Sexually transmitted infections (STIs) are a major public health problem in developed and developing countries. Complications of untreated STIs include upper genital tract infections, infertility, cervical cancer, and enhanced transmission and acquisition of herpesviruses, hepatitis viruses, and the human immunodeficiency virus (HIV).
The approach to STI diagnosis and management is based upon disease or symptom-specific syndromes, including vaginal discharge, urethral discharge, ulcerative genital disease, nonulcerative genital disease, and pelvic pain. However, many patients have asymptomatic disease, which increases the risk of complications and sustained transmission in the community. Unfortunately, routine screening for all potential STIs in all patients is cost-prohibitive, particularly in resource-poor countries . Targeted screening of asymptomatic patients in specified risk groups is important and has been shown to be effective.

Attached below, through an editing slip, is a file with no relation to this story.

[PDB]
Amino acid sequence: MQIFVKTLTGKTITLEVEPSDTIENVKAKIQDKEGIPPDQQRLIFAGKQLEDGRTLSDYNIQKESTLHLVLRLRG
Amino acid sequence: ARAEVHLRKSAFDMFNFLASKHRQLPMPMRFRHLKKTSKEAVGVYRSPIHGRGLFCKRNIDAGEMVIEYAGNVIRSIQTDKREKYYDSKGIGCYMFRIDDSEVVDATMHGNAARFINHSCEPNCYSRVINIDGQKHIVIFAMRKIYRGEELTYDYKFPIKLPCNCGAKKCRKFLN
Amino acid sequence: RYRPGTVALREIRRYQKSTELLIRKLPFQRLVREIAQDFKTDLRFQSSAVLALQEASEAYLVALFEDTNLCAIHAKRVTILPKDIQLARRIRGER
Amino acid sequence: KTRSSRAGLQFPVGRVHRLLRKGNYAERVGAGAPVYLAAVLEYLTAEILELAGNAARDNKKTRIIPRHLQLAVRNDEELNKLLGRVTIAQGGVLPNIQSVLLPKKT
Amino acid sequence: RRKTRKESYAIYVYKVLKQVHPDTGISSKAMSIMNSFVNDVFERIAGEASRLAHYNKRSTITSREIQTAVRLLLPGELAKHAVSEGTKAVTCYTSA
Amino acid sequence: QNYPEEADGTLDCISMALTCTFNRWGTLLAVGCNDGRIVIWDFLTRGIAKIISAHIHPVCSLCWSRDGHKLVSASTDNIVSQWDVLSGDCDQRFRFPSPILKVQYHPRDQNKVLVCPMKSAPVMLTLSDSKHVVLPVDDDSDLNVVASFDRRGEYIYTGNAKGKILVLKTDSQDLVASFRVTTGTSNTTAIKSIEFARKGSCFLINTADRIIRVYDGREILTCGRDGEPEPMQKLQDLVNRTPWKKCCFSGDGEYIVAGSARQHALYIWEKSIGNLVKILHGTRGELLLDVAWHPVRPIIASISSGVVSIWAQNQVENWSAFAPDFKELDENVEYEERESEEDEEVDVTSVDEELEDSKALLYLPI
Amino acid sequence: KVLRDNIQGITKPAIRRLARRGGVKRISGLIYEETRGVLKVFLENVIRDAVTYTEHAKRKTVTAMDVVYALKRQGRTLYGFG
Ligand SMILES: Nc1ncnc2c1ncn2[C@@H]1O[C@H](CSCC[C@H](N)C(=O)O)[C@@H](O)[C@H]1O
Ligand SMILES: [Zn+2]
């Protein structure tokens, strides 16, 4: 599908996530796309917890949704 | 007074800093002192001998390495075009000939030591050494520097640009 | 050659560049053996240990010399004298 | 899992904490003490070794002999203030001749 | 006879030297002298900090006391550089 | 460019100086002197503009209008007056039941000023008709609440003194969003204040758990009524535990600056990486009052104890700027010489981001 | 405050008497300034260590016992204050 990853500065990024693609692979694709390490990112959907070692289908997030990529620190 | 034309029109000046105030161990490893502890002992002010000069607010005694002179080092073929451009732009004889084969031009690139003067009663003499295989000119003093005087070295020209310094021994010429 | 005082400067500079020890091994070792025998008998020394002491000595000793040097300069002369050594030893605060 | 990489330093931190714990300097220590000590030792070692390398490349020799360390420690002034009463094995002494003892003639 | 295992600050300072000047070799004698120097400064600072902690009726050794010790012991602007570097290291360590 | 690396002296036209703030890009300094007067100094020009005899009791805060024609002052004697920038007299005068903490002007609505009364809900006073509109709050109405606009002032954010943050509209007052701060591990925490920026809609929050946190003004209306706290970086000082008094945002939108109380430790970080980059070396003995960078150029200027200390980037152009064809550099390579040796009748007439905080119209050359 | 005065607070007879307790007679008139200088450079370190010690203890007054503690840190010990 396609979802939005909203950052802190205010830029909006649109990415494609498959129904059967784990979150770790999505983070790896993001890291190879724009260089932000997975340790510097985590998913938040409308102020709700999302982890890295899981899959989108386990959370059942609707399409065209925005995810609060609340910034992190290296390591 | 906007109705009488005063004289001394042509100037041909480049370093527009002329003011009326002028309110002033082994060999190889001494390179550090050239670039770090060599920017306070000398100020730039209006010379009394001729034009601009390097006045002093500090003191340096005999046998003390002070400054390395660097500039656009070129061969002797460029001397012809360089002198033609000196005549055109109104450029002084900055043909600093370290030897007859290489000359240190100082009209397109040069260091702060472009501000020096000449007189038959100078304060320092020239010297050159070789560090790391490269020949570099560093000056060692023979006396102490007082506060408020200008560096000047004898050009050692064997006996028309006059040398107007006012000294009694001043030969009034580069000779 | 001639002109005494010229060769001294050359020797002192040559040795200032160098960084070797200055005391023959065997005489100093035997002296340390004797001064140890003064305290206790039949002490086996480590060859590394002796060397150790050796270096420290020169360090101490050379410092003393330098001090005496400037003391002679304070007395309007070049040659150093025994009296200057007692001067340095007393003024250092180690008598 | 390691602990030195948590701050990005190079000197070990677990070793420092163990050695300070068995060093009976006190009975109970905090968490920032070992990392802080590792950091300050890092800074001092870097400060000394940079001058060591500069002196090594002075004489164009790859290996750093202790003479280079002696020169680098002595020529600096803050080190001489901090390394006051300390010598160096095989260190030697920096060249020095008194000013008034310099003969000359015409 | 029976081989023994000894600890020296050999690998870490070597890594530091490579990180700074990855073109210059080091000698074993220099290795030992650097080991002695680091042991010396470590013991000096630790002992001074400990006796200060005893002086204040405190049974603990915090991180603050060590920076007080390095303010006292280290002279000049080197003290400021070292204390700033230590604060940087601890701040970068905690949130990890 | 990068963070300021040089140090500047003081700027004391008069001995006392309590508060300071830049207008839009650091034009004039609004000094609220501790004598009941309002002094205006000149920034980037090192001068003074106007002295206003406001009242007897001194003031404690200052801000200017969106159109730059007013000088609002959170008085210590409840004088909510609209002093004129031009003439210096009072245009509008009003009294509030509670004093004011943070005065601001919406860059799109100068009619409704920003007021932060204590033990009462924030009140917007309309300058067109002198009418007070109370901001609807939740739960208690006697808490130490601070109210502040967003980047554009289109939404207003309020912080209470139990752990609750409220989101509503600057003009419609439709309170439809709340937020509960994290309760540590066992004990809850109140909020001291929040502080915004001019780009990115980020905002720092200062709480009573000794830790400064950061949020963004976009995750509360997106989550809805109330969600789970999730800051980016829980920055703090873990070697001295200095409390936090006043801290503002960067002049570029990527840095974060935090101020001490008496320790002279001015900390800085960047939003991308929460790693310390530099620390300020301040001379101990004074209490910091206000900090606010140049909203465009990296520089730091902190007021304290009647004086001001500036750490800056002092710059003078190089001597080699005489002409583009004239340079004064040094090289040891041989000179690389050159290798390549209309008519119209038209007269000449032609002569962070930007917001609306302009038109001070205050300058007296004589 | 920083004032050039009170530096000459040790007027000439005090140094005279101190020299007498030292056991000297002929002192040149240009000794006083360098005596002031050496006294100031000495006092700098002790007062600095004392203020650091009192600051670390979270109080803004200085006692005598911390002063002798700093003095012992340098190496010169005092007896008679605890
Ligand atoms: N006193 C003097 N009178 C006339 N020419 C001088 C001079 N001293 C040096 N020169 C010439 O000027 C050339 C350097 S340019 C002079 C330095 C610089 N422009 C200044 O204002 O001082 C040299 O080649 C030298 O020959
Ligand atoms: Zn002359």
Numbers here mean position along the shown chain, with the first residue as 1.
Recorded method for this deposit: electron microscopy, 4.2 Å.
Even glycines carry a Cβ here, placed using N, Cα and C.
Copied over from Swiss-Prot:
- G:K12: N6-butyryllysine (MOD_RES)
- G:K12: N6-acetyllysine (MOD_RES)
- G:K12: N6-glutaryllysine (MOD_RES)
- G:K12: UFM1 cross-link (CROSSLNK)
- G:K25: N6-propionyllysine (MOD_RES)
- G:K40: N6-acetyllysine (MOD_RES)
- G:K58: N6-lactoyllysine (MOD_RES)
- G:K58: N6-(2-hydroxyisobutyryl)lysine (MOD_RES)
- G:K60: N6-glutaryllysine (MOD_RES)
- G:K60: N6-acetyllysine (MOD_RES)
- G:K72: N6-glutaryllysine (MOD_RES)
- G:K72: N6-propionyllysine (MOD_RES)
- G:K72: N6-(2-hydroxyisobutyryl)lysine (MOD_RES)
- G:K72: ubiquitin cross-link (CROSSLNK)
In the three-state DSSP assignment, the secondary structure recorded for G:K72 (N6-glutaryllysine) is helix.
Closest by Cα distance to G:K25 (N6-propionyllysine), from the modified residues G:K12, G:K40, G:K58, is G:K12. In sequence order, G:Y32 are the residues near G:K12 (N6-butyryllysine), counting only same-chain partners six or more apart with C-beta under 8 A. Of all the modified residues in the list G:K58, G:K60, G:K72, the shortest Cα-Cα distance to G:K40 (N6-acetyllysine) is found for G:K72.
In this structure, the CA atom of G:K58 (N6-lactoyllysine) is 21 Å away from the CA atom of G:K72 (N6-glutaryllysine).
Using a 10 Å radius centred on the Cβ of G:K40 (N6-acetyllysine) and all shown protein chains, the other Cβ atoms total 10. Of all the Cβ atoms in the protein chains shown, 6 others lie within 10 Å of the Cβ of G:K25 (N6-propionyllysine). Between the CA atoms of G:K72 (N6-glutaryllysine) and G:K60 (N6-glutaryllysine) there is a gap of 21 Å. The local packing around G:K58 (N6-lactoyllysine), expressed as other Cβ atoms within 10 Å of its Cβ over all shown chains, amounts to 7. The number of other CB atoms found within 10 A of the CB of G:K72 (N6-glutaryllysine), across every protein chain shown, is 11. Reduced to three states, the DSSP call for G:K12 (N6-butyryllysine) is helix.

STI screening, including targeted screening and prevention, will be discussed here. In its 2010 guidelines on the treatment of sexually transmitted infections, the United States Centers for Disease Control and Prevention (CDC) also made recommendations on screening . The recommendations in this topic are largely consistent with those guidelines.
The approaches to patients with specific genitourinary symptoms and signs are discussed elsewhere (see "Approach to women with symptoms of vaginitis" and "Clinical features and diagnosis of pelvic inflammatory disease" and "Approach to the patient with genital ulcers" and "Acute uncomplicated cystitis and pyelonephritis in women"). The prevention of STIs is discussed elsewhere. (See "Prevention of sexually transmitted infections".)
Information on the clinical presentation, diagnosis, and treatment of specific STIs are reviewed in detail separately. (See related topics). Sexually transmitted infections and HIV infection in adolescents are also discussed separately. (See "Sexually transmitted diseases: Overview of issues specific to adolescents" and "The adolescent with HIV infection".)